The sting is a lance-like hollow tube that goes backwards and forwards in a sawing motion, forwards to penetrate deeper into the flesh and backwards to return to the abdomen and poison sac to collect more venom. The hornet is able to keep stinging until its poison sac is empty, and the rapidity of the sawing action is phenomenal. The supply of venom in the poison sac is around 50mg and typically each sting uses 10-15mg of venom, so a victim of an angry hornet can expect to be stung up to 5 times within the space of 0.3 seconds.
However, as a general rule, a hornet uses its venom sparingly, so once the hornet has given a first sting it tends to fly away rather than sting you repeatedly. It’s thought that this is because the venom is used to paralyse the hornet’s prey, so unless the hornet feels under siege or senses a threat to the nest it prefers to reserve poison for its prey.
As the poison penetrates your body, your immune system produces antibodies which attach to the antigen to neutralise it, and in some cases the result feels like an allergy, which includes symptoms, like wheezing, sneezing, runny eyes and itching. Typically, these allergic reactions are not too severe and are more painfully annoying than anything else. However, in a sensitive person, the condition can become fatal if anaphylactic shock, a life-threatening allergic reaction characterised by swelling of body tissues and a sudden drop in blood pressure, occurs. People have difficulty breathing and it’s this which could lead to death.
Given all this, you’ll see why it is vitally important that you treat hornets with all due respect, and never attempt to move or destroy their nests without professional guidance and assistance.
How to treat a hornet sting
If the hornet has left its stinger in your flesh, remove it with some tweezers and wash the area with soap and water. Emma Lloyd recommends applying a small amount of meat tenderiser to the wound as it contains certain components that can break down the venom and may relieve the pain to a certain degree. You can also alternate putting on and taking off an ice pack every ten minutes and take an antihistamine tablet or apply some antihistamine ointment to the wound to relieve itching.
Though rare, infections can set in so watch for swelling, continued pain and redness and get medical attention immediately if you think the sting is becoming infected. You also need to watch out for an allergic reaction because this is where the situation can become life-threatening. If you experience difficulty breathing (wheezing or shortness of breath), facial swelling, tightness in your throat, or feel weak or faint, or a decreased level of alertness or consciousness, then you’re bordering on anaphylactic shock and must get medical treatment ASAP.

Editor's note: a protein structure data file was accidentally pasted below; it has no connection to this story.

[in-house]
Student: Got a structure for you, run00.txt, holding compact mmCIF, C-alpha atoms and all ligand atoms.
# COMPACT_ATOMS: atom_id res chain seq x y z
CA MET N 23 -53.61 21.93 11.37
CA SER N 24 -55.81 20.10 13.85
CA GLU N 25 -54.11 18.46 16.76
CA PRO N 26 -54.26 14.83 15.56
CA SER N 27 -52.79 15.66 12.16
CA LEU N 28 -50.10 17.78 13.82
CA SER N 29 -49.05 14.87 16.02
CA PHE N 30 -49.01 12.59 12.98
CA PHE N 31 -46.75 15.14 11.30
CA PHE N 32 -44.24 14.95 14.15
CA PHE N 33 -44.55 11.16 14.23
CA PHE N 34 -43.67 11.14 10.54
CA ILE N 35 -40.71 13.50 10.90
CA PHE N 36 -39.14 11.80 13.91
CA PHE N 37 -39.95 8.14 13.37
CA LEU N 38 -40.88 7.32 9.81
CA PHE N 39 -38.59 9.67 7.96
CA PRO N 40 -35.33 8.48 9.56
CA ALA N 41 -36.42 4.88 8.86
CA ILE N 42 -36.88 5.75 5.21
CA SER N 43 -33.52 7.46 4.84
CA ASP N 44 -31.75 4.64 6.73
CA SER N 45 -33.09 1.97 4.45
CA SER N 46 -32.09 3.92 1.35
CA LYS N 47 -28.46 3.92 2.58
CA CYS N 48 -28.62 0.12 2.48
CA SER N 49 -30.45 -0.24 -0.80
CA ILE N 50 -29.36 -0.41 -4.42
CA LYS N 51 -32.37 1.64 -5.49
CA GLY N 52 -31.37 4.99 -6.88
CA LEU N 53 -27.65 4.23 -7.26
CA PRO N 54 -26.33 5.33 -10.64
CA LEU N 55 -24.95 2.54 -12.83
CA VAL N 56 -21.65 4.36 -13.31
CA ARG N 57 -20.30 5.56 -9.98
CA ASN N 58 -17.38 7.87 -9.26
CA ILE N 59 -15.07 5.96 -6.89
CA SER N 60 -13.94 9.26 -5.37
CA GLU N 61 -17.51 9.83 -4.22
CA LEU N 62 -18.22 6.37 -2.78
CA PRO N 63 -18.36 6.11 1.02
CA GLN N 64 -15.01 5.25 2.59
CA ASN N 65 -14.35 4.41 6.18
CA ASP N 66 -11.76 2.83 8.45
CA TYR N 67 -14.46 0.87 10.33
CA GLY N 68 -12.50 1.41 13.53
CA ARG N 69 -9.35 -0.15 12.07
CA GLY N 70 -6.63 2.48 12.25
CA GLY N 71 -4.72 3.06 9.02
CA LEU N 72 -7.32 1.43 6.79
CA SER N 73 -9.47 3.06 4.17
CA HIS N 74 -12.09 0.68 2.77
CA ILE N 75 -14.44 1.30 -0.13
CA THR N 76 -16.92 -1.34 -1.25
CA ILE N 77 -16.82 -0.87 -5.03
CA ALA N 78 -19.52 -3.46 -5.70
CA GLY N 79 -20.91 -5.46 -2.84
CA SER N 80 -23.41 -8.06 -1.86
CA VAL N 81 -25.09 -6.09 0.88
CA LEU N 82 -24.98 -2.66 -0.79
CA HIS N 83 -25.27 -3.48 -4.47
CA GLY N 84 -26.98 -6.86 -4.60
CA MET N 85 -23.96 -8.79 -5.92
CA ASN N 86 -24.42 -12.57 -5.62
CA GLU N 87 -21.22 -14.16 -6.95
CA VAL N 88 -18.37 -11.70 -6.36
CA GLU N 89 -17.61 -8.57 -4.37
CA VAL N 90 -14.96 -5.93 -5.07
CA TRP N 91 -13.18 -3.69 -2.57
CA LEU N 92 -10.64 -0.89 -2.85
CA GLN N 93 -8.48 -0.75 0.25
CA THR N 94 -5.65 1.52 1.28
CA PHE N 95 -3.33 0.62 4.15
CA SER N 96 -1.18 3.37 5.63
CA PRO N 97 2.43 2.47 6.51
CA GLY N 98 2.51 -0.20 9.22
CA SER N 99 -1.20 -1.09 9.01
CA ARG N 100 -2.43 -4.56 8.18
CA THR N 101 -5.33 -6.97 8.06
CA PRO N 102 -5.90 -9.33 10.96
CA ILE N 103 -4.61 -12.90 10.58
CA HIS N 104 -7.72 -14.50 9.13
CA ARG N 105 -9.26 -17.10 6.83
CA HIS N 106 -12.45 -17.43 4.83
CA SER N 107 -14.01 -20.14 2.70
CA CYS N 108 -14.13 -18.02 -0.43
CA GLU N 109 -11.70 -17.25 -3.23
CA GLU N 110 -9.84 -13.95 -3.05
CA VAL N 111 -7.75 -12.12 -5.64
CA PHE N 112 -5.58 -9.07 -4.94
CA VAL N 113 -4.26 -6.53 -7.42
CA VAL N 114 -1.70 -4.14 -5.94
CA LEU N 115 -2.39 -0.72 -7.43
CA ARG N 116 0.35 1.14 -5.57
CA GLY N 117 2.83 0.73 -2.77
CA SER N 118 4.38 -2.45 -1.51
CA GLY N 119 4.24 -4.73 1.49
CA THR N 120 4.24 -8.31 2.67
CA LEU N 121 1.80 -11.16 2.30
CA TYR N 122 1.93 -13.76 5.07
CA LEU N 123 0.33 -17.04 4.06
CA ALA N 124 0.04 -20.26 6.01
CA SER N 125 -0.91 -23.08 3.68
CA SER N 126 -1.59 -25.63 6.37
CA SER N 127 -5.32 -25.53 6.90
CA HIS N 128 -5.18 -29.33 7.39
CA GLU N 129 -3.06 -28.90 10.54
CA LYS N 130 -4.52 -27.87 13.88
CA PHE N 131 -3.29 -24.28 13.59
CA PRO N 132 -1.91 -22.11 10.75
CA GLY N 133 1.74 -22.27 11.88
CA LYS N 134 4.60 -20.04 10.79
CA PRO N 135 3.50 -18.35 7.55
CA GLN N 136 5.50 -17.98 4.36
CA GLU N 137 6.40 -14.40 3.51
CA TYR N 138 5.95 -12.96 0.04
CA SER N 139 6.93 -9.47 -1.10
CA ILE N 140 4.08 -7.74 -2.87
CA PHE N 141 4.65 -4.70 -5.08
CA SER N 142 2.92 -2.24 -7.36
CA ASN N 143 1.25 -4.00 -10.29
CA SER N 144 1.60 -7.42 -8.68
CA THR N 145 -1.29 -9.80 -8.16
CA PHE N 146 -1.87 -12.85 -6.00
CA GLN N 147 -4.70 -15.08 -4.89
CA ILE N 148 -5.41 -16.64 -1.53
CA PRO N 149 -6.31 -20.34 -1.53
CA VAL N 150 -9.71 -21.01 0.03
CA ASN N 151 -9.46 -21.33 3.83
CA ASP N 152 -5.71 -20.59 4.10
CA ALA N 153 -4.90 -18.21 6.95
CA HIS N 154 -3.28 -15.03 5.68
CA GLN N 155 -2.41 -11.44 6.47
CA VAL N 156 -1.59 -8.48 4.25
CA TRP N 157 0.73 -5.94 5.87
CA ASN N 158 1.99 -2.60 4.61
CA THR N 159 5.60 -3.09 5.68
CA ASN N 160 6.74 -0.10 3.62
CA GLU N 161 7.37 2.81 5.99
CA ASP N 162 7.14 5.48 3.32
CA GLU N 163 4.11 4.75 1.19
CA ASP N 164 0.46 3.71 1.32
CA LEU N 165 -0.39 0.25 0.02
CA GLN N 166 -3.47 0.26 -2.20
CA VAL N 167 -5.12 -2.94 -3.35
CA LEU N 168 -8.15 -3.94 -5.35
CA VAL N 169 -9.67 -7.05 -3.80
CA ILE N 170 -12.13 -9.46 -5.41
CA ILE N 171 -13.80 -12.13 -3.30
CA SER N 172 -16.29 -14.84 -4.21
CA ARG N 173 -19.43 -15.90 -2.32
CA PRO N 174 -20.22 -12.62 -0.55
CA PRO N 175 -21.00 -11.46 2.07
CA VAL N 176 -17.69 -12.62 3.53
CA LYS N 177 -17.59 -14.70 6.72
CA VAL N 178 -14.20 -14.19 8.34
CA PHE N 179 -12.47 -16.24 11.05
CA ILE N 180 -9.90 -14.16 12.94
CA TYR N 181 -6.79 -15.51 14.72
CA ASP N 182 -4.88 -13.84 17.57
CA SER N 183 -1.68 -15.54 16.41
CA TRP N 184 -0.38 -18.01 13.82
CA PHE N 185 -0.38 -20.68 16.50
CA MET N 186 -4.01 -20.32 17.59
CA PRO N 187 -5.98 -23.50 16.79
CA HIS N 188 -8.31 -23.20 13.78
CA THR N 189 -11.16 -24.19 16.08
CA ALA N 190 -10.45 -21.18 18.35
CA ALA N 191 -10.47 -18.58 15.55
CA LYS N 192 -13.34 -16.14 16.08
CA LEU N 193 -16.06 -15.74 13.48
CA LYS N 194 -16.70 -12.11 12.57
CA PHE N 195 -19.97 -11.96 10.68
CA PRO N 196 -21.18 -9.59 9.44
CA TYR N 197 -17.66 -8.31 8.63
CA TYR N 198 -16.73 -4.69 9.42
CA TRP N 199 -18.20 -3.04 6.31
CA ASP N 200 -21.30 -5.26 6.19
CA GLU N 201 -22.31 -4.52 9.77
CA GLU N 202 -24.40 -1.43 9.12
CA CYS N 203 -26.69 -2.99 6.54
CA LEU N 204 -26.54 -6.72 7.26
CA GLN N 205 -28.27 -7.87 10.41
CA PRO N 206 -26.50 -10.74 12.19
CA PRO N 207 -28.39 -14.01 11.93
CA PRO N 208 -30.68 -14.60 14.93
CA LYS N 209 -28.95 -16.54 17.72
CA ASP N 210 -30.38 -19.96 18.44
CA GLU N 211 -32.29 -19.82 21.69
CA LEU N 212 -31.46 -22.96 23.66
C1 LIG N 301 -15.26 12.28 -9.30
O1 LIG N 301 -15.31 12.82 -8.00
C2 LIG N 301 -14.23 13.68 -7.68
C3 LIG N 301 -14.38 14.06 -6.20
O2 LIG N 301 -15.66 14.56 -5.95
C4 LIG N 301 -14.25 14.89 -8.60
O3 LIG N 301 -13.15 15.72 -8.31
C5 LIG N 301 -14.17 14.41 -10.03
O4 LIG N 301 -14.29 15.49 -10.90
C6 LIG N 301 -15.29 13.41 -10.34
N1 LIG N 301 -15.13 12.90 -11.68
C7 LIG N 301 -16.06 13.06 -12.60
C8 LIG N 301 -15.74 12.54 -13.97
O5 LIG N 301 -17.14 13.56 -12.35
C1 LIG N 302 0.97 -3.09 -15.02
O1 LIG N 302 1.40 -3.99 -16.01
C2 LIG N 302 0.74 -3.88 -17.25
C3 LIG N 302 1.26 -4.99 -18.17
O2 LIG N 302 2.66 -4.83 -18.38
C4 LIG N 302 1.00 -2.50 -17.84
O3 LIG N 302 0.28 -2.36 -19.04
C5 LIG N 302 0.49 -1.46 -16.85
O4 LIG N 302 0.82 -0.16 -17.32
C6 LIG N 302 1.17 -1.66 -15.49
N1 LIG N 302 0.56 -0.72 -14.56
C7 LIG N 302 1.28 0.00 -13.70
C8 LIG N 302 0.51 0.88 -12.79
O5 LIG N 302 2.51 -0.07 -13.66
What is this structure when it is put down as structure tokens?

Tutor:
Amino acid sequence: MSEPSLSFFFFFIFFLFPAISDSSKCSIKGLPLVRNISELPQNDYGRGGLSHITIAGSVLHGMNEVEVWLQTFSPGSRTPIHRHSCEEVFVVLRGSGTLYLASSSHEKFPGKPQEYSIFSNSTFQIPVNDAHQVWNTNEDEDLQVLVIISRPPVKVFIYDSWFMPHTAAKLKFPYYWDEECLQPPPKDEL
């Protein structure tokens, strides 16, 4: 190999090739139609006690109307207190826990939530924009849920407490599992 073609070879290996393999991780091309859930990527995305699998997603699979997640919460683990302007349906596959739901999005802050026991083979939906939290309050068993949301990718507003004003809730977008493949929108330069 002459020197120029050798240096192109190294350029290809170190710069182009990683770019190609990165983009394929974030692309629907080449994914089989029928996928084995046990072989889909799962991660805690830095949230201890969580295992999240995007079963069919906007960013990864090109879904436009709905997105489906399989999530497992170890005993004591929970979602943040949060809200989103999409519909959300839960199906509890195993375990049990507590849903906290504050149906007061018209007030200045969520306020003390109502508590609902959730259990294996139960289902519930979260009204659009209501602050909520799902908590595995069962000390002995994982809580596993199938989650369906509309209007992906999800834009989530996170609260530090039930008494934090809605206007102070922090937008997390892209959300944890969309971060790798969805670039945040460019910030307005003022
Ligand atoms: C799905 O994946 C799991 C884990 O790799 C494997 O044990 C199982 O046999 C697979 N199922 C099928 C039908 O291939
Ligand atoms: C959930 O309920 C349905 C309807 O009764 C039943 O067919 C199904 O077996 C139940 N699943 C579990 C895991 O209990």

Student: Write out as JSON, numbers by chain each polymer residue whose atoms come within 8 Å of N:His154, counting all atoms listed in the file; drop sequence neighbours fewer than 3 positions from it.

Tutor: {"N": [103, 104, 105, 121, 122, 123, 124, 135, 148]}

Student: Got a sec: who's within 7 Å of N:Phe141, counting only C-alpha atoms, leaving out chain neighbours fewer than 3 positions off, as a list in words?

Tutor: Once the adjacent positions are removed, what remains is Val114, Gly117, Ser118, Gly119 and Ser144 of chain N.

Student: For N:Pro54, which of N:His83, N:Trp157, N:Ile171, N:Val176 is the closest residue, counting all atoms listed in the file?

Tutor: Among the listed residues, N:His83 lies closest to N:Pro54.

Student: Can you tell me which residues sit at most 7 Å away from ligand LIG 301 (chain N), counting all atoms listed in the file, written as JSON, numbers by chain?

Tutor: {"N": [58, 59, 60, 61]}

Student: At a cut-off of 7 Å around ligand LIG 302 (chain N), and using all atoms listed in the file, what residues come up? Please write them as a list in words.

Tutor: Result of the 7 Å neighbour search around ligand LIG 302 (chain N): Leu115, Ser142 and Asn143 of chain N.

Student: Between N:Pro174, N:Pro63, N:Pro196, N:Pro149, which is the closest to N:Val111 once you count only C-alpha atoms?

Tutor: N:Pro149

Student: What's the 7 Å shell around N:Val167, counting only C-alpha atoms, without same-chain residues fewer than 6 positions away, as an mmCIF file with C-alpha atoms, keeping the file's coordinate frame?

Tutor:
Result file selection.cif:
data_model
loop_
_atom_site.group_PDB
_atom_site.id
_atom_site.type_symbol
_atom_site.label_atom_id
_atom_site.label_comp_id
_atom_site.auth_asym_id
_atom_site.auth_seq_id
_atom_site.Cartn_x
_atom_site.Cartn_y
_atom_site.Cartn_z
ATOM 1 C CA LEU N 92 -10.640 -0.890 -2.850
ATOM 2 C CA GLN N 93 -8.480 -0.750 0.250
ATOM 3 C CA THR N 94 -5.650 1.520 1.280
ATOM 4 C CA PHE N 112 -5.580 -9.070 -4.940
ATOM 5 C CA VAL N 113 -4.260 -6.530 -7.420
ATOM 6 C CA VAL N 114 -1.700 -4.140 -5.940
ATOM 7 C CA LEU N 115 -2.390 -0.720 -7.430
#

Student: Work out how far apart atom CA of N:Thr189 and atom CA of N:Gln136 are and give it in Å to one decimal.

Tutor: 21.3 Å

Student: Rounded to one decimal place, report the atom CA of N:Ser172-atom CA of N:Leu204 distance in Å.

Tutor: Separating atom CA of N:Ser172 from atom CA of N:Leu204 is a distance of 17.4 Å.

Getting rid of hornets
If one hornet feels it’s in danger or that the nest is under threat, it will release a pheromone that alerts the rest of the nest. The hornets in the nest prepare to respond to the threat with extreme prejudice. One nest typically contains 5,000 hornets, and even the healthiest, most robust person on the planet can’t withstand up to five stings from 5000 angry wasps.
Some websites advise that it is possible – although we don’t recommend it – to get rid of a hornets nest yourself, provided it’s still in the very early setting up stages, by knocking the nest off its support and aiming to flatten the nest to kill or discourage all hornets. That means while it’s much smaller than a tennis ball and while it’s relatively cool in early spring. Do not attempt to remove a nest on your own when it’s fully constructed or in summer at its peak.
You can also use special insecticide spray – jet spray for extra distance and force. Spray the nest late at night when most of the swarm will be asleep. If you need to use a torch to see what you’re doing, put on a red filter, as hornets are attracted to standard light but not red light. Once you’ve thoroughly sprayed the nest, walk away as calmly but quickly as possible to get out of the line of fire. Always wear long trousers (jeans), closed shoes, long-sleeve shirts and/or a thick jacket, thick rubber gloves and goggles if possible
If you do cross a hornet’s path, remember at all times to slowly move out of its way to avoid a direct confrontation. Try to move as far away as possible so that you increase the distance between you and its nest.
A far safer option for all concerned is to call a pest control company that specialises in hornets, wasps and other stinging insects. There are plenty of companies that use humane nest removal techniques, so your conscience can stay clear. Don’t forget to let your home emergency insurance provider know about the problem, so you can make a claim.